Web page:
Although there is no real way to go around PPD except for hoping that you are not allergic, professional-grade dyes also face some other shared issues as box ones (damage caused by bleach powder and developer is nigh avoidable in all cases).

What Is The Safest Brand Of Hair Color?

There is not a clear-cut brand that is deemed to be the safest hair color out there, but there are plenty of respectable options for those who are concerned about the chemicals in hair dyes. If you are one of these folk, then seek out brands that are hypoallergenic, all-natural, or organic in nature.

Moreover, these are usually the safest options for those with a sensitive scalp. My personal favorite brands include IGK and Overtone. They have all the amazing shades that you’d expect from a high-end hair dye brand. Furthermore, they’re also vegan and cruelty-free.

Sally Hair Color vs Salon Dye: Final Thoughts

Taking all of this into account, there are a lot of love-hate reviews out there for Sally colors. What works for you won’t work for everyone, and vice versa. The tendency is that box dyes should be limited if possible because of their lasting damage on your hair. However, you may find that you absolutely adore box color—and that is totally fine!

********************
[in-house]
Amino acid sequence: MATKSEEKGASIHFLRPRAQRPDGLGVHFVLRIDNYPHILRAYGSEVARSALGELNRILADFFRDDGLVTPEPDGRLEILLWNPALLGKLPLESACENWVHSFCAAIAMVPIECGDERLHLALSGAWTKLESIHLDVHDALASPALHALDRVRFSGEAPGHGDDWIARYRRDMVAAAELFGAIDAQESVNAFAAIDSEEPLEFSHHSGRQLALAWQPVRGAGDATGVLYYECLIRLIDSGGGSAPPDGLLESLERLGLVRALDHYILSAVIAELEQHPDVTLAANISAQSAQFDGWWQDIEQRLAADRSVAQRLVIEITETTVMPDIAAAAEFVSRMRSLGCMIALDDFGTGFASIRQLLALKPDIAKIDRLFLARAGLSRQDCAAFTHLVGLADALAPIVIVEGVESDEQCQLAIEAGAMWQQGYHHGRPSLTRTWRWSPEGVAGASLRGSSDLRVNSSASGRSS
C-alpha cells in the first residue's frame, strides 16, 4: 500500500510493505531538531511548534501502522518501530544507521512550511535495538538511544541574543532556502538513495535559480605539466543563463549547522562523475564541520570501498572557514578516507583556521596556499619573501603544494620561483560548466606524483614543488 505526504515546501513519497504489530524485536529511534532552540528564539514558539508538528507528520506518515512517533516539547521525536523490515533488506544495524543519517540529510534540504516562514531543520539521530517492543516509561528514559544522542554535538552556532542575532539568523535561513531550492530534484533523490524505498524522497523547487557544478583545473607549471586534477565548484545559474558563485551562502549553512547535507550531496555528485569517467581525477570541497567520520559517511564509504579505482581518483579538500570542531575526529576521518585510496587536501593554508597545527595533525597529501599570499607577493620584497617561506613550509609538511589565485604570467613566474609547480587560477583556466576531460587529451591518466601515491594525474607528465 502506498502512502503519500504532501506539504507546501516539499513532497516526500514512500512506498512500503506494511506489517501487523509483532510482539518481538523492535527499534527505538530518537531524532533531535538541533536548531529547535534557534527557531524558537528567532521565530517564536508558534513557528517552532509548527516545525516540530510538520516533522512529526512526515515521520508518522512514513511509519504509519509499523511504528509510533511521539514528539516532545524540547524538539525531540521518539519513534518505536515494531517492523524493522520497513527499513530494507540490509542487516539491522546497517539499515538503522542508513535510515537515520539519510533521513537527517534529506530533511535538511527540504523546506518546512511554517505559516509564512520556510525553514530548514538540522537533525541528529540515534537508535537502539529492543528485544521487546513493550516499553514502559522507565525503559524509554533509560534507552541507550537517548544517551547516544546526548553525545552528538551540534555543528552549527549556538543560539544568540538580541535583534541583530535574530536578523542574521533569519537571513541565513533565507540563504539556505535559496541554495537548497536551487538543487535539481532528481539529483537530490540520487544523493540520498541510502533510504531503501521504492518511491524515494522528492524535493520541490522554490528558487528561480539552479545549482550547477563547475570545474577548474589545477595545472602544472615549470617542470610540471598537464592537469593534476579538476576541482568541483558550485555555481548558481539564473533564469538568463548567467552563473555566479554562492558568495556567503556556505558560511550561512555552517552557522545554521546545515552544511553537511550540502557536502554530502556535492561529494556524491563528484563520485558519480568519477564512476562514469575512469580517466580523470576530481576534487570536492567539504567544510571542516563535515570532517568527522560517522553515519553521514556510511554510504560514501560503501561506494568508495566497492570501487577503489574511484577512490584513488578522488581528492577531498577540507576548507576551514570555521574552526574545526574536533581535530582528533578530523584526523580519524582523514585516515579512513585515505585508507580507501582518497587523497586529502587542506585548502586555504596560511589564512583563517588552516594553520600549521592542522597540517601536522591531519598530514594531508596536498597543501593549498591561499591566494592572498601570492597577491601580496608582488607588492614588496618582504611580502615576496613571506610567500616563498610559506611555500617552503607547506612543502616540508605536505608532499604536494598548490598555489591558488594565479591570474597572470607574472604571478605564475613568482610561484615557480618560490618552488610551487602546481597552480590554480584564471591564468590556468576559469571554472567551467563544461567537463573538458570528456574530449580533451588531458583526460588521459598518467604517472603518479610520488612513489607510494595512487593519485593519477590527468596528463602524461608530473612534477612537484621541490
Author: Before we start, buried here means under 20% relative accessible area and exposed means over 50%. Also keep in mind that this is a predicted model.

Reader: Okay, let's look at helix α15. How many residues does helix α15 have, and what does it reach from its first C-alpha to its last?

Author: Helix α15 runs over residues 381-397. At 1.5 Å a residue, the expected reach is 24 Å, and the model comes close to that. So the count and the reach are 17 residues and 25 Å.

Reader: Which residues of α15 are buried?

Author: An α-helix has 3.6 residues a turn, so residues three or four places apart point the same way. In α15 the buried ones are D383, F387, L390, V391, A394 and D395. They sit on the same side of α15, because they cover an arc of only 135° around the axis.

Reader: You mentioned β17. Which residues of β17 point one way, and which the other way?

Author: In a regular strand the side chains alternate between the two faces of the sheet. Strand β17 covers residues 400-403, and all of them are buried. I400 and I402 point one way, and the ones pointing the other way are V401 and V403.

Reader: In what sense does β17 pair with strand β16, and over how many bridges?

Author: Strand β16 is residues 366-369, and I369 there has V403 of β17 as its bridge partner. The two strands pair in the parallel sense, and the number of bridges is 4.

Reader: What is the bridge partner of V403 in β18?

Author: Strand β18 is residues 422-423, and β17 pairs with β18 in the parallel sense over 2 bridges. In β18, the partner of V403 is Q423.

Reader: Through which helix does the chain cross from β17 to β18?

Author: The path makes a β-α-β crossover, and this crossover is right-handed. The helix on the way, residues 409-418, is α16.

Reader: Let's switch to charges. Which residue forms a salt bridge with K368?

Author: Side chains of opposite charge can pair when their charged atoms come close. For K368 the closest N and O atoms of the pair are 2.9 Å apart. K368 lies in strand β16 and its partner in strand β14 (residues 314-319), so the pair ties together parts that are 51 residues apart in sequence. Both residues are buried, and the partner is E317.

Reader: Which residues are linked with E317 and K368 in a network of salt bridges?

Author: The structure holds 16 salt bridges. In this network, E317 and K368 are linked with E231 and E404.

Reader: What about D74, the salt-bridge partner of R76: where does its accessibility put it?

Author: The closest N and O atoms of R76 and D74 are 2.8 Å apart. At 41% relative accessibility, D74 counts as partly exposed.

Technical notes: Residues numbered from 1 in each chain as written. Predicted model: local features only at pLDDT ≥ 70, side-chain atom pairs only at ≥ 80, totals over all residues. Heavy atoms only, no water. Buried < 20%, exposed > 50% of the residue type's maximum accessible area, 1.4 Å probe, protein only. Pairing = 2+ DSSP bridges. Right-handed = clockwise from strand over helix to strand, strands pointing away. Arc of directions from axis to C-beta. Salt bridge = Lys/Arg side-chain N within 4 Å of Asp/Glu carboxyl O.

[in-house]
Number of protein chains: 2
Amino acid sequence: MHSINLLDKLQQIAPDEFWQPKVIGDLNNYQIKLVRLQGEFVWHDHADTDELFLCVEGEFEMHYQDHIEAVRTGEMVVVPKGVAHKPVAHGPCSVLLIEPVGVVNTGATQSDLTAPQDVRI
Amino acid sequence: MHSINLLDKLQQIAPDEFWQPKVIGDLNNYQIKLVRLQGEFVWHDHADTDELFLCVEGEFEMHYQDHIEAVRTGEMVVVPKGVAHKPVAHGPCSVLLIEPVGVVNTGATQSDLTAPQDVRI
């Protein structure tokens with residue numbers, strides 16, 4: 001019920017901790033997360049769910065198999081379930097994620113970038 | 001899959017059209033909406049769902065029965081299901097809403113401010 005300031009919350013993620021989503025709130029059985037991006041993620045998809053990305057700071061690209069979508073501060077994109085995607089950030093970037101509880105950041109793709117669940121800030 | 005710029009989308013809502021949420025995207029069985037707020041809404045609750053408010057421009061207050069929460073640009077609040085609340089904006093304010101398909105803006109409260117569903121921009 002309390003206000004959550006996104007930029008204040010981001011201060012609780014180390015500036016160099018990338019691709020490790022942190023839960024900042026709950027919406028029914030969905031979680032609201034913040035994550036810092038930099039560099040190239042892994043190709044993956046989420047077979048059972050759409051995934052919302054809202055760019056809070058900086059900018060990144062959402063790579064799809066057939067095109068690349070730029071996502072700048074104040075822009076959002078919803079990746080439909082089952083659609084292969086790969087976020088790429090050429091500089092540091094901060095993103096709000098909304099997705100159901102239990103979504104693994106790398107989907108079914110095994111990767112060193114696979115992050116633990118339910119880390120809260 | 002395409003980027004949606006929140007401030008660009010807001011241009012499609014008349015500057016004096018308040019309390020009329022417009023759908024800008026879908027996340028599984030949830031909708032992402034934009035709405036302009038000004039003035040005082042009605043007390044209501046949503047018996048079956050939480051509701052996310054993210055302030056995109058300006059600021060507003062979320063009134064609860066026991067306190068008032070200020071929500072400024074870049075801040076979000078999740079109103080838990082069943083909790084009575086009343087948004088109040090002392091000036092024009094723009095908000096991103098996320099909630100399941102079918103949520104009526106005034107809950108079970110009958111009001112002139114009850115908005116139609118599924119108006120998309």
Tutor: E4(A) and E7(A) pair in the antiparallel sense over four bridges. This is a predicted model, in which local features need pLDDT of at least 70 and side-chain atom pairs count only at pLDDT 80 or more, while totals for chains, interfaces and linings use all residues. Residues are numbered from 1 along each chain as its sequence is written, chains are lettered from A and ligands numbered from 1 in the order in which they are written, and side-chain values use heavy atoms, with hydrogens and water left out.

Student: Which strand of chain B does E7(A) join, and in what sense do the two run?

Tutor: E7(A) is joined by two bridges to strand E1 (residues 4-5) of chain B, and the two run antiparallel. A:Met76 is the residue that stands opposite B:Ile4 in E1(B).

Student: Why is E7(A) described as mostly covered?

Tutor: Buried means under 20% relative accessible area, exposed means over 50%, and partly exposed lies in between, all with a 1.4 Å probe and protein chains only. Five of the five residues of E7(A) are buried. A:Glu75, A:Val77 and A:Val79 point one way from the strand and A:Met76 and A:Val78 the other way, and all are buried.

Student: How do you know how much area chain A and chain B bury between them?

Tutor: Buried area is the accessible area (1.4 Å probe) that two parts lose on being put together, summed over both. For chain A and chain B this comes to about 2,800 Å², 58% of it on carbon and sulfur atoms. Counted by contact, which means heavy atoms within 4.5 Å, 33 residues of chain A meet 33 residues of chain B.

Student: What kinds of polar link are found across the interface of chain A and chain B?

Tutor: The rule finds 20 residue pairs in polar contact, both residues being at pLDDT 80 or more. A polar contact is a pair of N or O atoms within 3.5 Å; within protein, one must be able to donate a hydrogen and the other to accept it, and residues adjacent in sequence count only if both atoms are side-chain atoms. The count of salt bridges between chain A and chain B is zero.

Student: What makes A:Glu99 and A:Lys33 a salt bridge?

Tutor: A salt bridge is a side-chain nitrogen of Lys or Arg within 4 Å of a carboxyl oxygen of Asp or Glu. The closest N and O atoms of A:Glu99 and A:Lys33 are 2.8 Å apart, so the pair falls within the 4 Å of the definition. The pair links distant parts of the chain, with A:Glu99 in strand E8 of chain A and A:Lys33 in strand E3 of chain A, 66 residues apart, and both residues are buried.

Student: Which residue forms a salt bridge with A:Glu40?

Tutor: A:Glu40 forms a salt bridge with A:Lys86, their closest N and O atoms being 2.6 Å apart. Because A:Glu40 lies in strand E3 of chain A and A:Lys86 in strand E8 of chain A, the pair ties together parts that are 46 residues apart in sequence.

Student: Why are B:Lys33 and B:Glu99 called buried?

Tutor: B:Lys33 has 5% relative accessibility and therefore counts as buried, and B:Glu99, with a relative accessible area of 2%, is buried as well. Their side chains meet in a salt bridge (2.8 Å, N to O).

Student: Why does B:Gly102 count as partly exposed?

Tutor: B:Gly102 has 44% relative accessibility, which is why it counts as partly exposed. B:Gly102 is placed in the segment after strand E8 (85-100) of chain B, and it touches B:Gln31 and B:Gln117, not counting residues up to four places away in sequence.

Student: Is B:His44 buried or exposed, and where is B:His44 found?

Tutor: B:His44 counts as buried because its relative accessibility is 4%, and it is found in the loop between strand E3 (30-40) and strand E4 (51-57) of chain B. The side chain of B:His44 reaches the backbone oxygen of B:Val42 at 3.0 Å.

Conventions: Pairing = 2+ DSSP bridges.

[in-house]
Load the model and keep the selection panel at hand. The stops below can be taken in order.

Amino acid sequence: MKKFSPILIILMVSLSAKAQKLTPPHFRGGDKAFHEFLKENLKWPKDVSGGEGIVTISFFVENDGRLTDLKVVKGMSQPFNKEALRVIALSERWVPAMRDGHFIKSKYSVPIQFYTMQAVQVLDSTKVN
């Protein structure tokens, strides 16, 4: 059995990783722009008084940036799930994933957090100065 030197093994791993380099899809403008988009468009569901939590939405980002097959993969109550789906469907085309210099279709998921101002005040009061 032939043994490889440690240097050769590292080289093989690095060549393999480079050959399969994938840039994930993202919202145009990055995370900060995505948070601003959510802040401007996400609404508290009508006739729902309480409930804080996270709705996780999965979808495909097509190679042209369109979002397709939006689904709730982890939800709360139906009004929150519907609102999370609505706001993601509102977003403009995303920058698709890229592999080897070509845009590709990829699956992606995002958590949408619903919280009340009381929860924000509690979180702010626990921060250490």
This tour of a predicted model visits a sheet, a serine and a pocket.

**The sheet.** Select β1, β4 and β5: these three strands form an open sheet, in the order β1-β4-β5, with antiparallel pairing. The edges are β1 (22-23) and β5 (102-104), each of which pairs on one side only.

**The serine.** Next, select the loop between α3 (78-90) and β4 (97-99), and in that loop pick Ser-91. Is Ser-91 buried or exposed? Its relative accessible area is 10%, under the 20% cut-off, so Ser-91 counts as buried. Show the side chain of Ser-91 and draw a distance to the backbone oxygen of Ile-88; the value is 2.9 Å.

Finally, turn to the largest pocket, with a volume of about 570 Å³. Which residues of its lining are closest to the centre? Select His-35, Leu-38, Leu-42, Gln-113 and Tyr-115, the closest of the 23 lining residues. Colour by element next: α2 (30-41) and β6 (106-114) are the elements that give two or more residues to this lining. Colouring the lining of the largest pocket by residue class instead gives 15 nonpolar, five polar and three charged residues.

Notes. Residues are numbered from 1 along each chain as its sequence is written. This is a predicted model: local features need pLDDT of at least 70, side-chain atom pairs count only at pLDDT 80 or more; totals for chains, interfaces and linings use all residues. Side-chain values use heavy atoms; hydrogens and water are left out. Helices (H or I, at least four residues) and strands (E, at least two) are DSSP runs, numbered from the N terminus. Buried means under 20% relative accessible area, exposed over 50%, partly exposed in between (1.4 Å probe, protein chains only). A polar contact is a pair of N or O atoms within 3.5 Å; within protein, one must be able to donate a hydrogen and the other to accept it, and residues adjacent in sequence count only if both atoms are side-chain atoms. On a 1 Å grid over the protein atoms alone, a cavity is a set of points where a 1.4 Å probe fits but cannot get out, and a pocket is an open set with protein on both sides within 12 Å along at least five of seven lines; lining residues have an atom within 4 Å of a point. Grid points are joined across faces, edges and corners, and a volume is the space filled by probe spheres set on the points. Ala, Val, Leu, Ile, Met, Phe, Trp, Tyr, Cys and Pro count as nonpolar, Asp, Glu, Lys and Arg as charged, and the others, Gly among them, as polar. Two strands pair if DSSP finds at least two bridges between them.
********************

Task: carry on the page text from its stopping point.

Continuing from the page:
One of the greatest things about beauty is the creativity that drives it and the individuality that is born from it. Rest well knowing that box dyes are not necessarily supposed to be avoided, but that everyone should be aware of the effects it can cause. If you happen to be concerned about box dyes, there are great alternatives that are easily accessible. 

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By Cierra Tolentino

Cierra Tolentino is a beauty writer at Kintegra Research. She loves keeping people up-to-date with the latest beauty trends in skincare, hair care, and makeup. Finding answers to tough questions is her thing. When she has free time you can find her chasing down a clumsy toddler and obsessively drinking tea.